Leadership Spotlight: Dr. Stefanie Sarantopoulos is Bringing Science and Clinicians Together

Dr. Stefanie Sarantopoulos grew up in the Connecticut textile mill town of Danielson, where her Greek immigrant grandparents settled. When she was 12, her parents moved the family across the country to open a restaurant in rural Arizonathe Olympic Pizzarama—where Dr. Sarantopoulos discovered how much she loved people—and their stories.

But it was not until years later, when working on her PhD dissertation at Boston University, that she realized the impact she could have on some of these stories: on the lives of others.

Dr. Sarantopoulos, a professor in the division of Hematologic Malignancies and Cellular Therapy (HMCT), a professor in the department of Integrative Immunobiology and co-leader of the Immuno-Oncology Program at the Duke Cancer Institute (DCI), has dedicated the last 15 years to developing safer, curative immunotherapy for patients with hematological malignancies, becoming internationally known for her work.


An Affinity for Cancer Patients

Dr. Sarantopoulos’s own story begins in high school when she developed a sudden thirst for scientific inquiry after her biology teacher refused to teach evolution because he ‘didn’t believe in it.‘ “As a teenager this made me want to read more about science, not less,” she said. “I developed a nerdy way of rebelling, I guess.”

In medical school, she developed an affinity for cancer patients. “But it drove me a bit mad thinking about implementing agents without understanding more,” said Dr. Sarantopoulos, whose Duke lab studies human B cell biology after allogeneic stem cell transplantation. So, she focused on chronic Graft Versus Host Disease (GVHD), after finding it, “unacceptable to cure someone of their cancer and given them a debilitating, life-threatening disease that we knew so little about.”

In the world of rare blood, bone marrow, lymph cancers and diseases treated by the HMCT team, multi-disciplinary teamwork is crucial in order to see patients regularly, to prepare cell products and to care for immune toxic side effects. It is a kind of patient care, Sarantopoulos noted, that is closely linked to the science.

Sarantopoulos Lab
Dr. Sarantopoulos (back row, second from left) with her lab team. She credits the researchers with much of the work behind their success.    

“My lab and many others in the division are full of very talented and hard-working people who don’t get the credit they deserve, but they really are the ones digging deep into those questions that end up helping our patients,” she added, crediting family and mentors for much of her own success. 

In January, Dr. Sarantopoulos assumed the role of HMCT division chief. Bringing scientists and clinicians together, she noted, to come up with the next best curative treatments for patients at the Duke Blood Cancer Center (BCC) is what drew her to the division chief role.

“We have the best and brightest lab researchers and the most expert, caring staff, doctors, nurses and advanced practitioners at Duke. Having spent a quarter of a century studying and trying to capitalize on what we have learned about the immune system, I can’t imagine a better time to take this job,” she said. “Cell therapy and immunotherapies are rapidly advancing and it’s a privilege to work in this moment with such a great team.”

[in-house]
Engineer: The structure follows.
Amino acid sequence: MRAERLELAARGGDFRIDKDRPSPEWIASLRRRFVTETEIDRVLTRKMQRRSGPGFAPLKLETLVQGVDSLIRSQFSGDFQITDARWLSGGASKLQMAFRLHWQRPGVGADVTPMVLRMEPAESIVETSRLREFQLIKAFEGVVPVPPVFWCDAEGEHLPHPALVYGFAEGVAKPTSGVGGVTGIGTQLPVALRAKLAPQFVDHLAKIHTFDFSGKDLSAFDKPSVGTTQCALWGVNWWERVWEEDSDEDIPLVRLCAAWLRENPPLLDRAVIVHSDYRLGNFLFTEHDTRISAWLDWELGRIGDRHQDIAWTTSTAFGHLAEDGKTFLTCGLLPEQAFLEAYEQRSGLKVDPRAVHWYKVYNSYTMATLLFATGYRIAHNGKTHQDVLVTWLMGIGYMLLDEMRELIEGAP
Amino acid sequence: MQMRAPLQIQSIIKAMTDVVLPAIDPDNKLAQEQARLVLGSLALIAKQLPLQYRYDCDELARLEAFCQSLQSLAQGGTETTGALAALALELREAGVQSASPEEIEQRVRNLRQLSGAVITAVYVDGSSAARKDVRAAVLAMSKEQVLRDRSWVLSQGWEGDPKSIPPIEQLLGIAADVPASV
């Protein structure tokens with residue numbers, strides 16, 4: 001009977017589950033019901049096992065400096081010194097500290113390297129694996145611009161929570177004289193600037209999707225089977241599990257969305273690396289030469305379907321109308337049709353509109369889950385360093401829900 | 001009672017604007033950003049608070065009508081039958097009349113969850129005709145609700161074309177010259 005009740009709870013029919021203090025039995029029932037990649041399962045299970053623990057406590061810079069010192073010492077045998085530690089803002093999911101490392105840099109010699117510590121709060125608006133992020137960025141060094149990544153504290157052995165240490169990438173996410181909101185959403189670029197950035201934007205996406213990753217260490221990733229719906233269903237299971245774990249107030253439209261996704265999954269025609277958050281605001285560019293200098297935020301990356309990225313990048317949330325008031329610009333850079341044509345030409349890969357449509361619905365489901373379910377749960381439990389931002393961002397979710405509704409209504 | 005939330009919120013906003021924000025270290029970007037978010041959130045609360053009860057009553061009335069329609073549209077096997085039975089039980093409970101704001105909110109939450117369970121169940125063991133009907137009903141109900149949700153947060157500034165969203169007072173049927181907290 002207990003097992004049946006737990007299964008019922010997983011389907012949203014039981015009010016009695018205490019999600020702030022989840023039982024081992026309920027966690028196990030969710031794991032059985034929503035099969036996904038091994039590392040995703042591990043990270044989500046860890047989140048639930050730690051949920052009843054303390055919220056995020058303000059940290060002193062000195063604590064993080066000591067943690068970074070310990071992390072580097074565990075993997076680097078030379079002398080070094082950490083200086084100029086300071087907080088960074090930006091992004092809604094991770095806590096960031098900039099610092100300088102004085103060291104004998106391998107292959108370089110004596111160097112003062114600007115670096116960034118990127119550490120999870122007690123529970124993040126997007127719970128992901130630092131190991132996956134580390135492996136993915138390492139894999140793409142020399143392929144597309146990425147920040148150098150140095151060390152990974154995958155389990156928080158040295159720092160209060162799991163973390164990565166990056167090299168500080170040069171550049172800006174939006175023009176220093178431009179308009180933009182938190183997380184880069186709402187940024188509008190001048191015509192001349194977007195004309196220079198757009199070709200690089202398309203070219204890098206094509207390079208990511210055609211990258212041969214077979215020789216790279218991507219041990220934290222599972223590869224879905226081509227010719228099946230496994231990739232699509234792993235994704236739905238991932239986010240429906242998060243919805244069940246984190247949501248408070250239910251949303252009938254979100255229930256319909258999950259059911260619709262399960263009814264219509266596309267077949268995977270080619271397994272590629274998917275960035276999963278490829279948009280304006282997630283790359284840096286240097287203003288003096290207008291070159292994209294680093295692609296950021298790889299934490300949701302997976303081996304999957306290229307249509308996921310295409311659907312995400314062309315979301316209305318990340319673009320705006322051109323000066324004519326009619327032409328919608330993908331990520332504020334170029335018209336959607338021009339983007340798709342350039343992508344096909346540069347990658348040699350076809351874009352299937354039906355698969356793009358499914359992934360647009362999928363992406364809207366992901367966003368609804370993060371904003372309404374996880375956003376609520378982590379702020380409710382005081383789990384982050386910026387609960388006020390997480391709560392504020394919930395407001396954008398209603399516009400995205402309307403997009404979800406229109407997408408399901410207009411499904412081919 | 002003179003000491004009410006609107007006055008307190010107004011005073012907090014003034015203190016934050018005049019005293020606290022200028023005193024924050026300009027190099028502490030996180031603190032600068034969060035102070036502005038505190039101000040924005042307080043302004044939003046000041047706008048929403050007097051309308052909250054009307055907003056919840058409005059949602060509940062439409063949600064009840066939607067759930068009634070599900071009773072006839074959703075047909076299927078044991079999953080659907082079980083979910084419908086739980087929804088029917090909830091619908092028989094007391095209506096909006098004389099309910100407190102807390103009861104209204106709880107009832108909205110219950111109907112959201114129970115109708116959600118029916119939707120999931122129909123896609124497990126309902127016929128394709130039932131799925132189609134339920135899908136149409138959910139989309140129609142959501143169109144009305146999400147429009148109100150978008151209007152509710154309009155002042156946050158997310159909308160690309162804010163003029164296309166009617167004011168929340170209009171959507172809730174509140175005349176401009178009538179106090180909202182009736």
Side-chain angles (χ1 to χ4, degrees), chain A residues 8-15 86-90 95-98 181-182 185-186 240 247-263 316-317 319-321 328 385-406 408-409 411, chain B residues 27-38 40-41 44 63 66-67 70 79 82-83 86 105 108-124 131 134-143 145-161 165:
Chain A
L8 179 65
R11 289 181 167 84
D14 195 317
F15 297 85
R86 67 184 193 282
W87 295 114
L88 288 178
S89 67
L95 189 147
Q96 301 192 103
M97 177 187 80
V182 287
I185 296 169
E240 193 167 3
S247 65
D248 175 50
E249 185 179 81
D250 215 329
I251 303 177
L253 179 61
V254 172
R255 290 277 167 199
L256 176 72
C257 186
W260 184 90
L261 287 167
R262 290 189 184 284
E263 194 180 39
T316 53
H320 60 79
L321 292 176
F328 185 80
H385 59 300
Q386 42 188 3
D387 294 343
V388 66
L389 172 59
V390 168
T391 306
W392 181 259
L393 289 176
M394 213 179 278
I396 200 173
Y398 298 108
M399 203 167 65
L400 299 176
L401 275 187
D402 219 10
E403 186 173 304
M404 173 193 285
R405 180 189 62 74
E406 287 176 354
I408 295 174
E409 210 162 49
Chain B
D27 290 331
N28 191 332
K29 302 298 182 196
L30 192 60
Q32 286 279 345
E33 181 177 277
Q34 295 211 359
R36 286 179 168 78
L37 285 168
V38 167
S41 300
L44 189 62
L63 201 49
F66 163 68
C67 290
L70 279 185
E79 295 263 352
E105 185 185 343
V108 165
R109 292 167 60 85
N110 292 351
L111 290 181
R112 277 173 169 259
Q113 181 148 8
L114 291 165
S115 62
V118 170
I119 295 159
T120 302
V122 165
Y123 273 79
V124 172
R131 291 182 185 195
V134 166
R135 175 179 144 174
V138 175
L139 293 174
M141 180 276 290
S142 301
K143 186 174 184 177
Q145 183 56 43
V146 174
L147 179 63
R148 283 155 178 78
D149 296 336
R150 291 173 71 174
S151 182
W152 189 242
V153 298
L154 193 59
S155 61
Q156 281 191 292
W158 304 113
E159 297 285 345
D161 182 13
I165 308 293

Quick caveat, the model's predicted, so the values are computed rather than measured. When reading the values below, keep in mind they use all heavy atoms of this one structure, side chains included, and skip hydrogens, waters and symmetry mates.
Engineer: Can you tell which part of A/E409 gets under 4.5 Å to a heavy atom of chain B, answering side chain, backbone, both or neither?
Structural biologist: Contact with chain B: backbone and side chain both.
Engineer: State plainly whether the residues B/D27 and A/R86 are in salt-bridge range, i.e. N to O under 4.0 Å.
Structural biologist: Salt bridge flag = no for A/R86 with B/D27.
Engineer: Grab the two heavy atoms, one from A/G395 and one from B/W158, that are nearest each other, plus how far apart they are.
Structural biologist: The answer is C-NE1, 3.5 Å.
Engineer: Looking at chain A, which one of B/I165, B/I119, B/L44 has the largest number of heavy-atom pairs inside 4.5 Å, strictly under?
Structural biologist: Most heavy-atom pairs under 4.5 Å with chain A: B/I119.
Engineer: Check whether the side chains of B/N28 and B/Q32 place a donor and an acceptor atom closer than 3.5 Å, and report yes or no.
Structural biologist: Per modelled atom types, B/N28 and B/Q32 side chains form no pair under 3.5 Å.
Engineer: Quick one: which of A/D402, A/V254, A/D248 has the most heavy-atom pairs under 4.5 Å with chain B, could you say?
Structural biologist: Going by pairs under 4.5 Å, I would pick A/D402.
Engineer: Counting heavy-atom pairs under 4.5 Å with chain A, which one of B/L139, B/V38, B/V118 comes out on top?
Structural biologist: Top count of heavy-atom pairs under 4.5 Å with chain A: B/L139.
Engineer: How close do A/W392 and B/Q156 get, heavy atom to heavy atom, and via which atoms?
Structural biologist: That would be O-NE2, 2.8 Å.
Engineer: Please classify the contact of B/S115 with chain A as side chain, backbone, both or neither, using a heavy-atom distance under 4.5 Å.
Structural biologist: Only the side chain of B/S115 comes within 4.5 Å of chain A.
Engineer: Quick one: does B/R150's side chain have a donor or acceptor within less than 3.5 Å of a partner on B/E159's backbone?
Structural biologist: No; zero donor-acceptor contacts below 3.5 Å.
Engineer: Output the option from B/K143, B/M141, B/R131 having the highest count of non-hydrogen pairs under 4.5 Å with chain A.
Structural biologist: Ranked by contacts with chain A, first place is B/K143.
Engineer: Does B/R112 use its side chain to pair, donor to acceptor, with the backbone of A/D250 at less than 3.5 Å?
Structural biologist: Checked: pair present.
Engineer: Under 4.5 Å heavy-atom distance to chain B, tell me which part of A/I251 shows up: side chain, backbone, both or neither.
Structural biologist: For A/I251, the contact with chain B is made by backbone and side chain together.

Patient-First Culture

The division of HMCT’s has a patient-first culture of innovation that was strongly promoted by Dr. Nelson Chao, former division chief. Dr. Sarantopoulos has a similar vision and plans for moving the division forward.

“Nelson Chao promoted this culture with a terrific sense of hope and trust, hope that science will lead us to answers that will help people,” she explained. “And trust in one another to do the very best we can do every single day we come in to take care of some of the sickest people in the health system. My vision is to bring exceptional, cutting-edge care to our patients at the BCC.”

Dr. Sarantopoulos also wanted to take on the division chief role, in part, to help improve the health outcomes of our communities. One way to do that, she said, is through opportunity and education.

“At a tertiary-care center like Duke, we teach other doctors what we have the privilege to specialize in and become super expert at, and those doctors take care of more patients. Nothing is more important than spotting talent and enabling a person’s career path, she said. It’s been a joy at this stage of my career seeing undergraduate, post-baccalaureate students (especially from nearby HBCUs) on my watch get into medical and MD/PhD programs. Diversifying physician-scientist work force will lead to scientific advances and to improved outcomes for our communities.”

Apprenticeship teaching is the means by which high quality medicine is carried on, along with HMCT research groups at Duke. Studies in allogeneic stem cell transplant over the last half century, for example, have led to the advent of other exciting cell therapies, and will continue to teach a great deal about human immunology and immune-therapy development, she added.